17. Potatoes

Image source: gardeningknowhow

Pick a potato from your kitchen pantry and allow it to dry overnight. Plant it 4-5 inches deep in the soil, and ensure that its ‘eyes’ face up. In a few weeks, you’ll have a new potato plant.

18. Eggplants

Image source: ehow

Remove 3-4 inches long suckers from the plant and grow them. Or cut a healthy section of the eggplant, 6-8 inches in length. Don’t forget to remove the bottom leaves, and dust the cut ends in the rooting hormone. Keep the pot moist and put it in an area that gets at least 3 hours of direct morning sunlight. The cuttings will form roots in 2-3 weeks.

19. Nasturtium

Image source: bunnysgarden

Nasturtium is an edible plant, both leaves and flowers have a sweet, peppery taste. Take 5-6 inches long cutting from the nasturtium plant. Plant it in a pot. Keep the soil moist and follow all the usual procedures you do while growing plants from cuttings.

20. Cucumber

Image source: homesandgardens

Take 6-8 inches of cutting from a cucumber vine. Plant this cutting in a glass of water and keep it in bright, dappled sunlight. In 2-3 weeks, you will notice the cuttings growing tender roots. You can then plant them directly into the soil or pot of your choice.

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15 Houseplants That Grow Well in Vases with Water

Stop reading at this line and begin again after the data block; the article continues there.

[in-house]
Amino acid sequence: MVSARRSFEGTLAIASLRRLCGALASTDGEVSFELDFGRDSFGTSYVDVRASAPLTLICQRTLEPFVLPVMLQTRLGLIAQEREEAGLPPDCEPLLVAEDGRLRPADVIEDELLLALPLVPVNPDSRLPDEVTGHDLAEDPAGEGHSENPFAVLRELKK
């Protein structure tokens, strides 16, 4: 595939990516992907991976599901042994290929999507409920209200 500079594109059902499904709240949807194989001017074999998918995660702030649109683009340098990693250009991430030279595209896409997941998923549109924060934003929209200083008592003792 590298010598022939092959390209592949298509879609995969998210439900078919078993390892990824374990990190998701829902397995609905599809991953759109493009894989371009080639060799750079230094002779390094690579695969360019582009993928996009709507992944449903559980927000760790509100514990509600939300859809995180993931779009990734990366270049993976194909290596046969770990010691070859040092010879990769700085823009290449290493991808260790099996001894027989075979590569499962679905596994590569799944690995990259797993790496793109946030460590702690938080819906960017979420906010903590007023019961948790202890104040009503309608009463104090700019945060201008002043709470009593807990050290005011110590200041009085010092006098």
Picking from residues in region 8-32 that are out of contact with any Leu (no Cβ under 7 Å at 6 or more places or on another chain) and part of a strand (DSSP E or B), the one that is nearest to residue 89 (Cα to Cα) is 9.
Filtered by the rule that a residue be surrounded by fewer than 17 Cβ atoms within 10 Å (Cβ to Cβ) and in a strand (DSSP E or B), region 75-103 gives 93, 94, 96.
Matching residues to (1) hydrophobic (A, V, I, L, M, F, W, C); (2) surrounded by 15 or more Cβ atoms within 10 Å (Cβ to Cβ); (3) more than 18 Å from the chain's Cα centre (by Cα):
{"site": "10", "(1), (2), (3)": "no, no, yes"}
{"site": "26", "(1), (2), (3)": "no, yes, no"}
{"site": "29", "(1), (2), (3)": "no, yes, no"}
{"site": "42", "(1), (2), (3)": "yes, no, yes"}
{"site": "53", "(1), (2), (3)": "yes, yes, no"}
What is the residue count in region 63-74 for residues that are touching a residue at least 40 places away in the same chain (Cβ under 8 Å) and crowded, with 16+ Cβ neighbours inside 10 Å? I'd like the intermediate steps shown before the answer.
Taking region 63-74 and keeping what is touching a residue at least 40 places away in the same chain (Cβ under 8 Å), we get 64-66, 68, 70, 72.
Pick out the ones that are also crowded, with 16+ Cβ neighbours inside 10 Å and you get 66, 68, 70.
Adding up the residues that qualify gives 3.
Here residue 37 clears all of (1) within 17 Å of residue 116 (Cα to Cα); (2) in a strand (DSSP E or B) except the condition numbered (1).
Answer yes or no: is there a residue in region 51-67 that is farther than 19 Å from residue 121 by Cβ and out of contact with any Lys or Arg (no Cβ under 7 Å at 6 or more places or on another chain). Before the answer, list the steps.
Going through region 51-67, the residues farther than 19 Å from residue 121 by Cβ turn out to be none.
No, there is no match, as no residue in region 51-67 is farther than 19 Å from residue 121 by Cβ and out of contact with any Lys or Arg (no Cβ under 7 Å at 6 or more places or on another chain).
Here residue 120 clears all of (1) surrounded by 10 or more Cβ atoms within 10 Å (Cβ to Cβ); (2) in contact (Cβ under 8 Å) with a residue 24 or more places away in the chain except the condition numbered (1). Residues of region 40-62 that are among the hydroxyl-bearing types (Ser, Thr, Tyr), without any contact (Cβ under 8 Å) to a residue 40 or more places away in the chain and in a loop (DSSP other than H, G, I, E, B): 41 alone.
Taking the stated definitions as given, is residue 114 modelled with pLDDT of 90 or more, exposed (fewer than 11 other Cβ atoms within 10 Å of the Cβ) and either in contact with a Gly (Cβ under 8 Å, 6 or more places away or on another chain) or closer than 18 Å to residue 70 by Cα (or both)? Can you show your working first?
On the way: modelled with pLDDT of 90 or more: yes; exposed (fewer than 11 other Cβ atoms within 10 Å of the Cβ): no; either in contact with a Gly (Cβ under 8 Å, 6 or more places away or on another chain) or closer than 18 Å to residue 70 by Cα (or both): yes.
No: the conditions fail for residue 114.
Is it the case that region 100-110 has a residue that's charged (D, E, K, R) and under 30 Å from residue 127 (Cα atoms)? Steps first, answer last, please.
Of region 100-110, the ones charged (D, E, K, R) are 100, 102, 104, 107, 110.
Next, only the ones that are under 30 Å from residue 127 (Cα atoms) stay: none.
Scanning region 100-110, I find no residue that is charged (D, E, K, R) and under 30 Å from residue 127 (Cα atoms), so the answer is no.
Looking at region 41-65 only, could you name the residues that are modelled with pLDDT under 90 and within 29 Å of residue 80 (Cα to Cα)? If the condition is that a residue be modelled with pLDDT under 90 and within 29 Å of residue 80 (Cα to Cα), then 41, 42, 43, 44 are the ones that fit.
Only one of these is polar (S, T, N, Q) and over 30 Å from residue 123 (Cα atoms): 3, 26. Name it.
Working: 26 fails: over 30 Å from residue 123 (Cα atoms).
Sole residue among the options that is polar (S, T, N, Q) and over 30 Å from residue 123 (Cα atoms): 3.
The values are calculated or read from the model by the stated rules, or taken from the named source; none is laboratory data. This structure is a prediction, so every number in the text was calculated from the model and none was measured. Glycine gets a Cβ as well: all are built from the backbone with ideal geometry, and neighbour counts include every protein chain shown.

15 Houseplants That Grow Well in Vases with Water

Vases are a fun way to display the beauty of flowers or propagate plants from cuttings. No need for the soil, simply immerse the nodes or the end of the stems in the water, add some decorative gravel, and you are done! They are so easy to make that everyone can create them at home, and especially your hand is always clean.

Instead of decorating flowers, check out the 15 Houseplants That Grow Well in Vases to make the living space more impressive in your own way.

1. Pothos

Image source: instructables

This Pothos displays heart-shaped green and white leaves making it looks stunning in decorative vases. The houseplant needs a little care and indirect light for happy growth.

2. Spider Plant

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Spider Plant is one of the most popular houseplants. You can grow in pots in soil or in vases in water. Simply, cut off one of the plantlets, then put it in your vase.

3. Snake Plant

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Snake Plant looks great in a transparent vase with tall variegated leaves. It is also excellent for purifying harmful toxins from the air.

4. Monstera

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Monstera offers unique cut leaves looking gorgeous when put in a matching vase. This low-maintenance plant also grows well in the water environment.

5. Purple Heart Plant

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By providing deep purple leaves with delicate and tiny pink flowers, this Purple Heart Plant looks more beautiful in a vase.

6. Watermelon Peperomia

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This Watermelon Peperomia shows off thick and bushy foliage, making it an amazing centerpiece. The best varieties are Columbian and Watermelon Peperomia which you should choose to grow.